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Vulnerability of gay and transgender Indians goes way beyond Section 377

in INDIA, 20/12/2013

Prompting international outrage, the Supreme Court of India has overturned a “reading-down” of the notorious Section 377 of the India Penal Code. This, in effect, reinstated a law that is widely understood to criminalise homosexuality. Many see this as a betrayal of basic human rights, particularly freedom of sexual expression and protection from harassment and abuse on grounds of sexual difference.

For lots of activists, the decision has significant symbolic implications in terms of India’s image in the international arena. India had previously looked relatively progressive on the world stage in terms of minority sexual rights. This was part of a package of other attributes, such as growing socio-economic liberalism and urbanising modernity in the sub-continent, often associated with sexual progress despite their problematic impacts in terms of poverty and the wealth gap. Now, a more regressive image suddenly seems to have taken centre stage.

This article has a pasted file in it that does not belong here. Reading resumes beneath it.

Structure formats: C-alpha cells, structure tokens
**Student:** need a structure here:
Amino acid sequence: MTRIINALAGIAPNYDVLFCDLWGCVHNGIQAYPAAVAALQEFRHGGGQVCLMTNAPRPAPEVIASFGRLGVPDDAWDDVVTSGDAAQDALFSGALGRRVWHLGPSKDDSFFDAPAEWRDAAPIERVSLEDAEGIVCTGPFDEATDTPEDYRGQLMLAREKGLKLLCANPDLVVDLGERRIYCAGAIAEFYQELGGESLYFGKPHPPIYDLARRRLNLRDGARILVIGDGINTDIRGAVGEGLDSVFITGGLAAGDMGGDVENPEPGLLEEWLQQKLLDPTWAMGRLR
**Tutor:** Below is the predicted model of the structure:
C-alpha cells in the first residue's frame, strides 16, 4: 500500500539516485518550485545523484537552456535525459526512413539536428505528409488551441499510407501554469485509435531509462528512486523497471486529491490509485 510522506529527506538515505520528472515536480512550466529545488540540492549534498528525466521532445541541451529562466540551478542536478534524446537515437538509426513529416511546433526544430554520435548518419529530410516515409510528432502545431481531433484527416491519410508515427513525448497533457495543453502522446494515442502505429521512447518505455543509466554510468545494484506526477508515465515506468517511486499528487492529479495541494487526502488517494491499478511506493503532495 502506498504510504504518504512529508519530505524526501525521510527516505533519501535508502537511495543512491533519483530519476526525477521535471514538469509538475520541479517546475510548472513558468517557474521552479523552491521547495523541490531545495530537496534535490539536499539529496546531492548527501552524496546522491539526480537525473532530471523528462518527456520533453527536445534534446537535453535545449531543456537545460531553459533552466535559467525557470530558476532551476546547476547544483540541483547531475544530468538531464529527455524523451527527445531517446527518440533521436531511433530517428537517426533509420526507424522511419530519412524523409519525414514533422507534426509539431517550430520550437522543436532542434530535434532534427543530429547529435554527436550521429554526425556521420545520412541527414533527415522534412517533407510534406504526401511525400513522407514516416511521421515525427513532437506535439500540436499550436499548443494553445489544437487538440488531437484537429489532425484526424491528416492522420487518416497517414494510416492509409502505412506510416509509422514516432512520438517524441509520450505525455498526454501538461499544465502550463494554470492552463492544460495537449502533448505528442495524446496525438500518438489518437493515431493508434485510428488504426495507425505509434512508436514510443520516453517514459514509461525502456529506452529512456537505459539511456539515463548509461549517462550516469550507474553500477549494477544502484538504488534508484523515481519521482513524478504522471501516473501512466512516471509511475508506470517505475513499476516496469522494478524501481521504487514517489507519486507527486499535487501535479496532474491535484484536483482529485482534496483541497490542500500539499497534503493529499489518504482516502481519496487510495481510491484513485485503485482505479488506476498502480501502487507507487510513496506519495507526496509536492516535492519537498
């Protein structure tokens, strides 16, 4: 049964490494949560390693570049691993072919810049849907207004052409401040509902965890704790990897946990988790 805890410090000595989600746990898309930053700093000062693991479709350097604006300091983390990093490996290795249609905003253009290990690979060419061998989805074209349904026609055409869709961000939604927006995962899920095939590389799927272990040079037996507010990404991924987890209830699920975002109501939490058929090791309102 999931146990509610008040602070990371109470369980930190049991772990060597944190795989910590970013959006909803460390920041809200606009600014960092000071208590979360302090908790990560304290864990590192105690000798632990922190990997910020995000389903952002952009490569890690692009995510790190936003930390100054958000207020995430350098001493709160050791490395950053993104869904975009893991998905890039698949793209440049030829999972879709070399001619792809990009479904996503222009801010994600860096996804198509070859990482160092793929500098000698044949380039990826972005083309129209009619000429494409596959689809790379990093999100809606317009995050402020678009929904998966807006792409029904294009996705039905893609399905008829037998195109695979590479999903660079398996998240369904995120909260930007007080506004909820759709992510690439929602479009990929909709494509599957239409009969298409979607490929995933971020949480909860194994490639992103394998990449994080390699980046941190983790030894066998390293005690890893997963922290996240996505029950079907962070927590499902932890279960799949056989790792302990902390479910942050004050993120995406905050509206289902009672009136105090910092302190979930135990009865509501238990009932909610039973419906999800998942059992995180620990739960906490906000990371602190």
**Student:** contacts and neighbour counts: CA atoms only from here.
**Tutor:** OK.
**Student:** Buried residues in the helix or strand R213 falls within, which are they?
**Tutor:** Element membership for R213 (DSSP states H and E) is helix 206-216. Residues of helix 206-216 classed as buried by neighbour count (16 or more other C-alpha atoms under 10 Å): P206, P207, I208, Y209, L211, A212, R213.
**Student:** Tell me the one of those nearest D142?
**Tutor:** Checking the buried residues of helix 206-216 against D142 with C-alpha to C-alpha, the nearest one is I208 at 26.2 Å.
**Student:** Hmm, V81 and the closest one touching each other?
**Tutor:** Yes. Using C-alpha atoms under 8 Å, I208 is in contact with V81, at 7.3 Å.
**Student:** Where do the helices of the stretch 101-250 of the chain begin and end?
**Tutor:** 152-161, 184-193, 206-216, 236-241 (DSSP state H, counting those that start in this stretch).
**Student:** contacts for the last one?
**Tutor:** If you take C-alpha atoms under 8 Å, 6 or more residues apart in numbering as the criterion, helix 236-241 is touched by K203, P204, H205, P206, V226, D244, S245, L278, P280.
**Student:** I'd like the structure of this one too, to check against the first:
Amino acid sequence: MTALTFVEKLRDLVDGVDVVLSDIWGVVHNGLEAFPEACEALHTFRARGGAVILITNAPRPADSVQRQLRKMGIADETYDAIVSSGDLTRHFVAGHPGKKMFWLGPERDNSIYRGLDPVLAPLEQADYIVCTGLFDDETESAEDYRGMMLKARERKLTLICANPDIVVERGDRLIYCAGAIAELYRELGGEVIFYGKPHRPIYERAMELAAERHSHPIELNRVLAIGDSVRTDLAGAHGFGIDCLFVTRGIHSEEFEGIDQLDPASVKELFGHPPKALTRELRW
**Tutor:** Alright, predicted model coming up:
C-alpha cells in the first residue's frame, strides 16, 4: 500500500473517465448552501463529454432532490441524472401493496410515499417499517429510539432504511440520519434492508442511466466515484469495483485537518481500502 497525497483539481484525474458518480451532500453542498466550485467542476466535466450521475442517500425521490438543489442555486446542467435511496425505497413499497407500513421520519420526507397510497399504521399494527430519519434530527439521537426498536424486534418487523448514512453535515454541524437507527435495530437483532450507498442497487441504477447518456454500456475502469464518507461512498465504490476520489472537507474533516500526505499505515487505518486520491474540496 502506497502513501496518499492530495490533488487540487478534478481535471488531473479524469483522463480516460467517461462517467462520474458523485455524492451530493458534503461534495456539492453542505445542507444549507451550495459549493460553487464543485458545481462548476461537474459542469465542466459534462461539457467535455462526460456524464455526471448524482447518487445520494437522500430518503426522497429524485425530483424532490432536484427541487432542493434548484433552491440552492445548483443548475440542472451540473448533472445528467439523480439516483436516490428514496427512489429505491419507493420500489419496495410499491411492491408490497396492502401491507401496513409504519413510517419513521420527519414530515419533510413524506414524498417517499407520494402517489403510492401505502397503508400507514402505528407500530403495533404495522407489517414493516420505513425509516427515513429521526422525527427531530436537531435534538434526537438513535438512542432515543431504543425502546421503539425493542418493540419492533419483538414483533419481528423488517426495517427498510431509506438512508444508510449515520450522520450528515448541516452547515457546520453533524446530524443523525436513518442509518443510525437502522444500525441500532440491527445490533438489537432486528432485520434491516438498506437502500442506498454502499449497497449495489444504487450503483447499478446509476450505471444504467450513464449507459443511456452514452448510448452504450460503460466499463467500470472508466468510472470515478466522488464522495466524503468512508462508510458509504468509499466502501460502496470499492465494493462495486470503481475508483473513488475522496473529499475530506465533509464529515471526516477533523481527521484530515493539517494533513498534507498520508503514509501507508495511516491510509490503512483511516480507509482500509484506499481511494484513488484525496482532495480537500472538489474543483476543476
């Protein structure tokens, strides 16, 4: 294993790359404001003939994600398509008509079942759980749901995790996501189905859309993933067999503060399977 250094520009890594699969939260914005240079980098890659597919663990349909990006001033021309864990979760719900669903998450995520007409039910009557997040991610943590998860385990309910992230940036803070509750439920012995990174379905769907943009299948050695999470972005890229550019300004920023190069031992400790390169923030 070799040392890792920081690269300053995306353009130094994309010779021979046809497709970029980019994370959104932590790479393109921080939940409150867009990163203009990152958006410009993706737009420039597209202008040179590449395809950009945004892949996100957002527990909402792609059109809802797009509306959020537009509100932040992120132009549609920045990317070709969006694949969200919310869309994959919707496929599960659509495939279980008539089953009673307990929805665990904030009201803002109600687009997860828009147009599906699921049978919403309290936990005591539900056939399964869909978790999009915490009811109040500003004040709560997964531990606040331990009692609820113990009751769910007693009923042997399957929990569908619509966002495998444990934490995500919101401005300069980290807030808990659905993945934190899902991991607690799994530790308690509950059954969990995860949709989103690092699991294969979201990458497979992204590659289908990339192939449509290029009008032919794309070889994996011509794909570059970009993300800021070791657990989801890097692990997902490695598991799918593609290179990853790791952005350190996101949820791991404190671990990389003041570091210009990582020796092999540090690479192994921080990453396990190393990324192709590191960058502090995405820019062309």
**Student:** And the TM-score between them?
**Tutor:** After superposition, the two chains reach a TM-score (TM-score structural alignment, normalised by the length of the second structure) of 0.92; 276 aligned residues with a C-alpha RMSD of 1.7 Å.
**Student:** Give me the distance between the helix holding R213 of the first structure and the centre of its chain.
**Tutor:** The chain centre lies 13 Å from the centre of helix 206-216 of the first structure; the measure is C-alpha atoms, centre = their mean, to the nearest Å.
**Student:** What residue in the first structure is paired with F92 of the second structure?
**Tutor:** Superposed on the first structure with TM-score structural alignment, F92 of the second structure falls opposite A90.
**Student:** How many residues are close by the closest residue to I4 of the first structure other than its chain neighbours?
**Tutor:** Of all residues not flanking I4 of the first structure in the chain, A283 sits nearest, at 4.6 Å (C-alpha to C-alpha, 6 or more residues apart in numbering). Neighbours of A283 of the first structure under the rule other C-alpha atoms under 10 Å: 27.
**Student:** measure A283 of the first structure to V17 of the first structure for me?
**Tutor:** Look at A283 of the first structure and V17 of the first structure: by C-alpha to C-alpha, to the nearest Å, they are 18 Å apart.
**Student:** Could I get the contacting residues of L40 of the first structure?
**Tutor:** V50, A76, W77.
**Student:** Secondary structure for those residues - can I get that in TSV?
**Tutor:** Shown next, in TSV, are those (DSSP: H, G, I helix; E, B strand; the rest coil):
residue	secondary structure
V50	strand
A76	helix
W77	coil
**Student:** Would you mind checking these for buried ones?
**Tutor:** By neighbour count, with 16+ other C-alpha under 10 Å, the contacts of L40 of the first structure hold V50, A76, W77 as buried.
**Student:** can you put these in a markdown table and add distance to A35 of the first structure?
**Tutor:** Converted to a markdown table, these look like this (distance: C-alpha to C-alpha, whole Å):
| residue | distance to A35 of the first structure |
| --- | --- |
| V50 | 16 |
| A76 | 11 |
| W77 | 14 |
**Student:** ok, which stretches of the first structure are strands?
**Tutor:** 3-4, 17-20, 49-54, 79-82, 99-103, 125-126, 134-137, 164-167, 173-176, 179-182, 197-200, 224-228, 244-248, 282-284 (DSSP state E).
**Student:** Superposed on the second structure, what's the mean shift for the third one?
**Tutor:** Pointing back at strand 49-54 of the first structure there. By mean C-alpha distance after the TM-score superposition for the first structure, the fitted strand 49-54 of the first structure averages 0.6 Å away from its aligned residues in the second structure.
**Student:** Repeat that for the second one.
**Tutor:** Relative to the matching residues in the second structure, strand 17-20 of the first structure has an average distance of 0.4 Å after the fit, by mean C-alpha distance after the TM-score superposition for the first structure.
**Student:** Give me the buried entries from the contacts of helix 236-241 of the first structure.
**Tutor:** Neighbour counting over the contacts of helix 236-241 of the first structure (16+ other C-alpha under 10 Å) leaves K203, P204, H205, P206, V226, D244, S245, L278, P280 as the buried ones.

The Supreme Court decision is especially important not only because it stirs up a new set of concerns for same-sex desiring and practising people in India, but because it appears to upset an equivalence between legislative progress on sexual rights and the image of India as a modern, secular and progressive nation. This speaks to another set of anxieties too – the possibility that next year’s elections could result in a right-wing victory, bringing a fresh wave of religious conservatism and a divided vision for what a future India might look like.

But in marked contrast to the symbolic and emotional importance the decision has acquired, many activists and scholars (including representatives of working-class LGBT communities in India) feel that the judgement and Section 377 itself is being given far more importance than it deserves, and is being misrepresented as “criminalising” homosexuality.

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